## Thursday, June 5, 2014

### The rollback of my ignorance, however slight, is sufficient to complete my morning...

The rollback of my ignorance, however slight, is sufficient to complete my morning...  Friend and former colleague Doug W. (who actually understands the math that I dabble at the edges of) explains the “magic” p^2 - 1 factoid.  He writes:
You had a blog entry yesterday about the fact that p**2 - 1 is divisible by 24 for any prime p > 3. It's actually very simple to derive the result. Assume that p is an odd number, not divisible by 3 (in the problem as stated, we know that p isn't divisible by 3, since p is prime :-).

Now, p**2 - 1 = (p+1)(p-1). Note that these two factors are consecutive even integers. Thus, exactly one of them must be multiple of 4, so when you multiply the two factors together you get a multiple of 8. That is, we know that p-1 is either of the form 4k or 4k+2, in which case p+1 would be of the form 4k+2 or 4k+4, respectively. So the product is either of the form 4k*(4k+2) or (4k+2)(4k+4), each of which is divisible by 8.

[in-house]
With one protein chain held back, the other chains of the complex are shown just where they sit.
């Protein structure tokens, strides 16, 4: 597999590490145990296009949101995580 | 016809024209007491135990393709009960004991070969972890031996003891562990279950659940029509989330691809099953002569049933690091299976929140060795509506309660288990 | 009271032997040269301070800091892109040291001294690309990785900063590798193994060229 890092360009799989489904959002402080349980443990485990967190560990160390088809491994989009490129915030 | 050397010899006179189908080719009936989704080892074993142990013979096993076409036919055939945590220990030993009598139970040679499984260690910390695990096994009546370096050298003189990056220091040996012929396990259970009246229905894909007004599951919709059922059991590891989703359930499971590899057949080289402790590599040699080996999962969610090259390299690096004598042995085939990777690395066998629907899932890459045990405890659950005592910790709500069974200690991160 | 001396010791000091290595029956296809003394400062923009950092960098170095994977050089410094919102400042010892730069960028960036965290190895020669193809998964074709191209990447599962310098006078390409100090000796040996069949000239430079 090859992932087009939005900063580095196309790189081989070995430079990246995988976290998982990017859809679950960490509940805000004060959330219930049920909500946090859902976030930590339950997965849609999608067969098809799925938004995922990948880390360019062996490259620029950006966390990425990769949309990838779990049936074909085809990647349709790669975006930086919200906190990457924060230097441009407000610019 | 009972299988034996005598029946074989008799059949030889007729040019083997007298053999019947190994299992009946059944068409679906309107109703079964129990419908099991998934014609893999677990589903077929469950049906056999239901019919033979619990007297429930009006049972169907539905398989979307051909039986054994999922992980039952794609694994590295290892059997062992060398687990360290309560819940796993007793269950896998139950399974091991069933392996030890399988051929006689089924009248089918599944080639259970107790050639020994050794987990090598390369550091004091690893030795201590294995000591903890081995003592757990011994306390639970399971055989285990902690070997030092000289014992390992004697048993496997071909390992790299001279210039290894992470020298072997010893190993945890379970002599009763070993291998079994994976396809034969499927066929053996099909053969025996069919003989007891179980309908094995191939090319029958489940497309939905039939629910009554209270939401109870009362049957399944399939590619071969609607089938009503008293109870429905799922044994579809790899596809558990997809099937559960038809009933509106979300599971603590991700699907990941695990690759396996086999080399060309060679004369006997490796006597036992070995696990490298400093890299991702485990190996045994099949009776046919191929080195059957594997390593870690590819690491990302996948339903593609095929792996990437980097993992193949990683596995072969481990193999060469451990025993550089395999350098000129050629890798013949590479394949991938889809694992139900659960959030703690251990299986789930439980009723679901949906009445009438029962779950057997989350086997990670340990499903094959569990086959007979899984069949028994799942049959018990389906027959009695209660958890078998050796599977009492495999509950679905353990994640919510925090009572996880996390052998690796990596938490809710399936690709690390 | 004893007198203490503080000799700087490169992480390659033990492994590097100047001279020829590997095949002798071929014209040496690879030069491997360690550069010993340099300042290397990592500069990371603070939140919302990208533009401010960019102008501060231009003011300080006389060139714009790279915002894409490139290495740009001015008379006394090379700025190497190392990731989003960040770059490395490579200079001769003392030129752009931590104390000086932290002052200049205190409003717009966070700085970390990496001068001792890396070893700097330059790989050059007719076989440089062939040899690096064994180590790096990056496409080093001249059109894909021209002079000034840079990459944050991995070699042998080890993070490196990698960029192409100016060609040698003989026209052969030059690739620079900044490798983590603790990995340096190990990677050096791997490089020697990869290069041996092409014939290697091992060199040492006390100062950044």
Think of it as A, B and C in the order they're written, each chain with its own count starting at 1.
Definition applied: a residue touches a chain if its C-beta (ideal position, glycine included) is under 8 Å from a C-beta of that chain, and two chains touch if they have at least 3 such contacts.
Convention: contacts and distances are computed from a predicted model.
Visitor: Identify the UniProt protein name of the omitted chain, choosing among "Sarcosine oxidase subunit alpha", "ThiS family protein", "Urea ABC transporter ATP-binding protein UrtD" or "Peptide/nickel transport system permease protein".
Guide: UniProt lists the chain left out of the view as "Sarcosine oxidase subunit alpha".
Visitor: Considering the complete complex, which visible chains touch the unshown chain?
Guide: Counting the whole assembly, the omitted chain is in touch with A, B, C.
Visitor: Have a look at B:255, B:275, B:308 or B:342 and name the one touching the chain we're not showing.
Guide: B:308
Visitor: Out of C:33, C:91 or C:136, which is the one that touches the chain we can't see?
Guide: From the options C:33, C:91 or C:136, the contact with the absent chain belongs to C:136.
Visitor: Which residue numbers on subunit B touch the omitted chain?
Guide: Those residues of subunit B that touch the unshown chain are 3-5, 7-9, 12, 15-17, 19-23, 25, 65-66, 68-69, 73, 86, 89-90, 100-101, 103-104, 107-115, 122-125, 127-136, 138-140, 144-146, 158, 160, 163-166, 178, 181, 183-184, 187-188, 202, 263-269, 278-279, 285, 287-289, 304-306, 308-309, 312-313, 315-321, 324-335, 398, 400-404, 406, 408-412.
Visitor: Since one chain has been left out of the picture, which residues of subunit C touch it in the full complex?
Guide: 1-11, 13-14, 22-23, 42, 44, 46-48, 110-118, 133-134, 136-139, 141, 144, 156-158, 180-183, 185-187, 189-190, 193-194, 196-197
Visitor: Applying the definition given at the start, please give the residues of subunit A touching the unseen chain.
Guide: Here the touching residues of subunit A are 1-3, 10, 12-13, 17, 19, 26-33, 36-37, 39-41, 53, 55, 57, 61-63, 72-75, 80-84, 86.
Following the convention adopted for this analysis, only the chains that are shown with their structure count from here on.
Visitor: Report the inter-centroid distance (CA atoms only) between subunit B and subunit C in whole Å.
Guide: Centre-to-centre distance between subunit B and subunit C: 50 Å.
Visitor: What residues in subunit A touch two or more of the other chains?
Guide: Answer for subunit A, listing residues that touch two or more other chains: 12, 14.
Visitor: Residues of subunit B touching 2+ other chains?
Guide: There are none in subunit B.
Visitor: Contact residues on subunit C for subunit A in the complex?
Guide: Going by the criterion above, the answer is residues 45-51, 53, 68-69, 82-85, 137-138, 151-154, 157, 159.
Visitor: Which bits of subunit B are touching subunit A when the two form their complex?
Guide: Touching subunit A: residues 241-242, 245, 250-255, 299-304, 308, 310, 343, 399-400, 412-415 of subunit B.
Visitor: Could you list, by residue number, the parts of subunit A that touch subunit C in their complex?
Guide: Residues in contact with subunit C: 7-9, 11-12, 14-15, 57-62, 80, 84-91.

Further, since p is not divisible by 3, and since in any three consecutive integers there is exactly one multiple of 3, then either (p+1) or (p-1) must be divisible by 3. Thus, the overall product is a multiple of 8*3 (i.e., 24).
He's right, it is simple!  Assuming, that is, you're facile enough with math to be able to work it out :)